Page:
In a recent McKinsey report, Amy Edmondson notes that “For many people during the pandemic, the explicitness of the physical lack of safety has been experienced as a shared fear, which has allowed them to be more open and intimate and more able to voice their thoughts and concerns with colleagues. This collective fear thus becomes a potential driver of collaboration and innovation, further contributing to an open environment for producing and sharing ideas that under normal conditions may have remained unshared.” Glimpses of this collective fear surfaced during the four-day course and contributed to a collective sense of community.

Make safety a shared responsibility in the classroom to reinforce new habits.

This one might seem obvious, but I wasn’t quite sure how to approach the topic until the students were in the classroom.  The floor at the front of the room was marked with painter’s tape around the “professor’s bubble” that included the podium. In order to minimize physical contact, the goal is to stay within the “bubble” and for students to stay in their physically distanced seats.  “I expect that we are going to give each other feedback and keep each other honest. So if you’re observing somebody that’s not distancing, it’s okay to mention it. If you see me walking out of my bubble, raise your hand and let me know”, I explained.  Ten minutes later, a student raised her hand: “You’re outside of the bubble, professor.”  From that point, we established the norm to remind one another, constantly, to follow safety precautions.

With safety at the forefront, it’s important to rethink human interaction and creative ways for students to stay engaged with the course topics while meeting learning objectives.

Modify your teaching strategies to take advantage of technology.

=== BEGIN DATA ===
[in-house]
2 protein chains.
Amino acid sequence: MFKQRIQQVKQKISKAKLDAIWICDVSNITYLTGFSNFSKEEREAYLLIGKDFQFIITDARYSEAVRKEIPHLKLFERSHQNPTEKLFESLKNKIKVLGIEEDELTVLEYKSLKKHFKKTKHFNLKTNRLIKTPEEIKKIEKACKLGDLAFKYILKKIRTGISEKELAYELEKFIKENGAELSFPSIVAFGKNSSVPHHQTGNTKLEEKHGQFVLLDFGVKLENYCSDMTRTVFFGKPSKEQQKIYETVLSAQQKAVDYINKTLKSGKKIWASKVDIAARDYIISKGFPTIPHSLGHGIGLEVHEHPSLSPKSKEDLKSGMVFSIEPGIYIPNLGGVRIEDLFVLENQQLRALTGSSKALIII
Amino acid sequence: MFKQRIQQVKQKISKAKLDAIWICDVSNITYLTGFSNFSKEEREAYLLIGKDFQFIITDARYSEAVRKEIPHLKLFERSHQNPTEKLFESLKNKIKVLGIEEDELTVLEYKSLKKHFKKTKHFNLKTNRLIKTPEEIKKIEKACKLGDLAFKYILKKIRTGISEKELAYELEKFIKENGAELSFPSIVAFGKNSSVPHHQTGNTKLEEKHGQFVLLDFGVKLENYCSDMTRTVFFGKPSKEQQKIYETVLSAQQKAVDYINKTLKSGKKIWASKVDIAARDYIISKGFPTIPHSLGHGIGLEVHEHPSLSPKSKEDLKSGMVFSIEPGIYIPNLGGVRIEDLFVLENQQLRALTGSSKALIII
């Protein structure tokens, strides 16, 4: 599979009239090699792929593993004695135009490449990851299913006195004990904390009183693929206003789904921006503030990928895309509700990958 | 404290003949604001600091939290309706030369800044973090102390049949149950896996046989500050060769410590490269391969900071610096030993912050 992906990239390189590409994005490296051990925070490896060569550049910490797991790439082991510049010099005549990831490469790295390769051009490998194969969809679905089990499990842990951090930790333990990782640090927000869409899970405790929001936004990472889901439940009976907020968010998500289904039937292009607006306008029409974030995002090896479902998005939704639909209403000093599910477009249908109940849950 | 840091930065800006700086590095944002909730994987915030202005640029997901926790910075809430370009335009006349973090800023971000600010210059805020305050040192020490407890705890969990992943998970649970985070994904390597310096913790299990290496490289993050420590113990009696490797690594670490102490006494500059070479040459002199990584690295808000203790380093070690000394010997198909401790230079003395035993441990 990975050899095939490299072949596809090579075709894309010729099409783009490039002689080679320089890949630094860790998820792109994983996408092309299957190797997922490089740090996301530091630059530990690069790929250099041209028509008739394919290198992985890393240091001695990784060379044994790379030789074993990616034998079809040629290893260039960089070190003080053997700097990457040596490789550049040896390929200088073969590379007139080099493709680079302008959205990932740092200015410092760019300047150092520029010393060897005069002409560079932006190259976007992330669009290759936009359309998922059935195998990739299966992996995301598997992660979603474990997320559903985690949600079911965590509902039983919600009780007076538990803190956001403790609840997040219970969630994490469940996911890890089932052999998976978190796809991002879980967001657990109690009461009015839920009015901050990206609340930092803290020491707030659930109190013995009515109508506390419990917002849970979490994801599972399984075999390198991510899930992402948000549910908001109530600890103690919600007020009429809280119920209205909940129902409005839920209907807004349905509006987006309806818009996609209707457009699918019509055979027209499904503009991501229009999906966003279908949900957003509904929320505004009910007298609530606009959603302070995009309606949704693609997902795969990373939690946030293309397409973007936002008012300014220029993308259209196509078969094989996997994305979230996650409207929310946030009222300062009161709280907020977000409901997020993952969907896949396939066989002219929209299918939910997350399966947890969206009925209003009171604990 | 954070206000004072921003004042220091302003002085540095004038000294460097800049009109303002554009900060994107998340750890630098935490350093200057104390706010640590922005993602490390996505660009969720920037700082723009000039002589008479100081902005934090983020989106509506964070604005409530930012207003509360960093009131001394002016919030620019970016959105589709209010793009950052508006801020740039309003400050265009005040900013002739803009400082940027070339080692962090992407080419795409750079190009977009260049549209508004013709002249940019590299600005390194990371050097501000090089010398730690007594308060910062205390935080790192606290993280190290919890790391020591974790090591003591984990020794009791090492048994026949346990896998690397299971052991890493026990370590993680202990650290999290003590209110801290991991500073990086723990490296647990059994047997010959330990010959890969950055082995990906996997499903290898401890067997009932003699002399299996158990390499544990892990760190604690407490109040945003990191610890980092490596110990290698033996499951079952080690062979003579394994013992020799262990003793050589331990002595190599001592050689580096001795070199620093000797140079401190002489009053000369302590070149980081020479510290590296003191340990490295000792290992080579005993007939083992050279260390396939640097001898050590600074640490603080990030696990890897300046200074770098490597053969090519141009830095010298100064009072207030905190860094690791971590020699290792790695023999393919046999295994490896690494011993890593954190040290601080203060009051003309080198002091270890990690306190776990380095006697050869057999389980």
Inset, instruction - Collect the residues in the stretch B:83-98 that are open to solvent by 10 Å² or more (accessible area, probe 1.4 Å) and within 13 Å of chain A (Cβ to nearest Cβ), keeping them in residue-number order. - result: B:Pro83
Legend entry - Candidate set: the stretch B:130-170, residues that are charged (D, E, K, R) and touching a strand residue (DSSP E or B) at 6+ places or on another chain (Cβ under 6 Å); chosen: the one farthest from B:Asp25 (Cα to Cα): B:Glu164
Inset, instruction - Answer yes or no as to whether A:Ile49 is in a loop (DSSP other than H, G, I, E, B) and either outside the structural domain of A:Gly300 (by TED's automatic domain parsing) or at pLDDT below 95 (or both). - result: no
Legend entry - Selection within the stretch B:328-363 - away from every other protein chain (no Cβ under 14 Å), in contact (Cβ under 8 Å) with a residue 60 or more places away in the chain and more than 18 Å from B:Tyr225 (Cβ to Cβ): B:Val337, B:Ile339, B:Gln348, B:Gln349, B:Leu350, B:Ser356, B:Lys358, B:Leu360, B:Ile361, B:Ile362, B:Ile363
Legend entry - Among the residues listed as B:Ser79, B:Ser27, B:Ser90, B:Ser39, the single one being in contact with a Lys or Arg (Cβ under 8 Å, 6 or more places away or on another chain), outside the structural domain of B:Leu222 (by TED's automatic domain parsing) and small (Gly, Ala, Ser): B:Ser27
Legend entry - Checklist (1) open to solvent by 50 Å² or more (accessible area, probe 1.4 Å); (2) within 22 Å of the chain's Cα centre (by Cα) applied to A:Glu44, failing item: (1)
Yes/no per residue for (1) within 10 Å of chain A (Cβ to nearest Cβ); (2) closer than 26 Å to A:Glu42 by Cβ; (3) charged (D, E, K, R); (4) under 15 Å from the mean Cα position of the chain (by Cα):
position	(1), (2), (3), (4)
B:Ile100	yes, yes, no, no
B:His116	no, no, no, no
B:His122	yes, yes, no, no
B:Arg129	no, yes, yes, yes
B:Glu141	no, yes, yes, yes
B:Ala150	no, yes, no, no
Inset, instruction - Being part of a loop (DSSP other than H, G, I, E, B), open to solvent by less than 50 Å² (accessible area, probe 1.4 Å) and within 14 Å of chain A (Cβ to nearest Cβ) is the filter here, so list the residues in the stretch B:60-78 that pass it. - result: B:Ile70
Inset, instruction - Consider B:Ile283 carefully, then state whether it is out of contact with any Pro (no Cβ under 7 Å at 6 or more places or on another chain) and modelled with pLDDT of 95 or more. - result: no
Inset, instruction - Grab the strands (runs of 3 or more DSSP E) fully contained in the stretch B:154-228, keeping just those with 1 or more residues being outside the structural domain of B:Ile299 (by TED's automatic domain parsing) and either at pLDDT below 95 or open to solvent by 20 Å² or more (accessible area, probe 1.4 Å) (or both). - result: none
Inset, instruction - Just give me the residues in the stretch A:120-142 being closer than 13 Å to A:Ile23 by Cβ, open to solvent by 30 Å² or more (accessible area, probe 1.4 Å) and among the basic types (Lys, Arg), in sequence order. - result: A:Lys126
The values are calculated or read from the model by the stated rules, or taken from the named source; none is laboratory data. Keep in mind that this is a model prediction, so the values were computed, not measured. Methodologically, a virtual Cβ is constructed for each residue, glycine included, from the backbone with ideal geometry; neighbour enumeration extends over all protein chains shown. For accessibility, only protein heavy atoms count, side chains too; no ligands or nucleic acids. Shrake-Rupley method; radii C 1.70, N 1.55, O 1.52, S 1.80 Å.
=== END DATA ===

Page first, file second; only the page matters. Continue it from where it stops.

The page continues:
Students presented a preview of their project on the last day of class, which would typically involve a presentation by the entire team at the front of the classroom. One team member would insert a USB drive in the podium computer and then remove it when they were finished. In order to minimize contact and movement I set up a section in Canvas where teams uploaded the presentations. I downloaded each presentation, thereby avoiding the need for any student to touch the podium computer.  We established a rule that only one person per team could use the slide clicker, which they picked up and returned to a table. After each use, I wiped down the device and anyone that touched it washed their hands.  Student teams stood at the front of the classroom (in the “professor’s bubble”), physically distanced, and delivered their presentations.

We used technology to bring the outside guest speakers closer to the class when students joined the Zoom session from their computers while they were seated in the classroom, and the guest speaker was projecting on a large screen at the front of the room.  There are other techniques that you may want to try in your environment. For example, when students dispersed to team rooms, I opened a Zoom session for the entire class. One student joined from each team in order to connect the entire class from their physical team rooms.  We also experimented with using WhatsApp to send instructions and questions to each team while they were in their team rooms.  Using virtual technology in a physical setting is still a work-in-progress but it can be useful when some of the students are dispersed, effectively tethering all of us together.

I can say that I felt differently from the first day of class to the last day. The kickoff was a bit quirky – meeting one another for the first time, adjusting masks, seating arrangements, safety protocols and teaching a course I had not taught before.  What surprised me the most about this in-class experience? It will take more than a four-day course to change habits that we have developed over years of teaching and learning.  I was surprised by how our “pioneer community” of learners had developed a sense of camaraderie during our time together, perhaps because of our shared experience and the newness of it all. With practice and persistence, hopefully the precautions that we have taken will result in a safe learning environment for all of us. I also discovered a silver lining: due to the lighter-than-usual traffic, my 75-minute commute has been cut in half.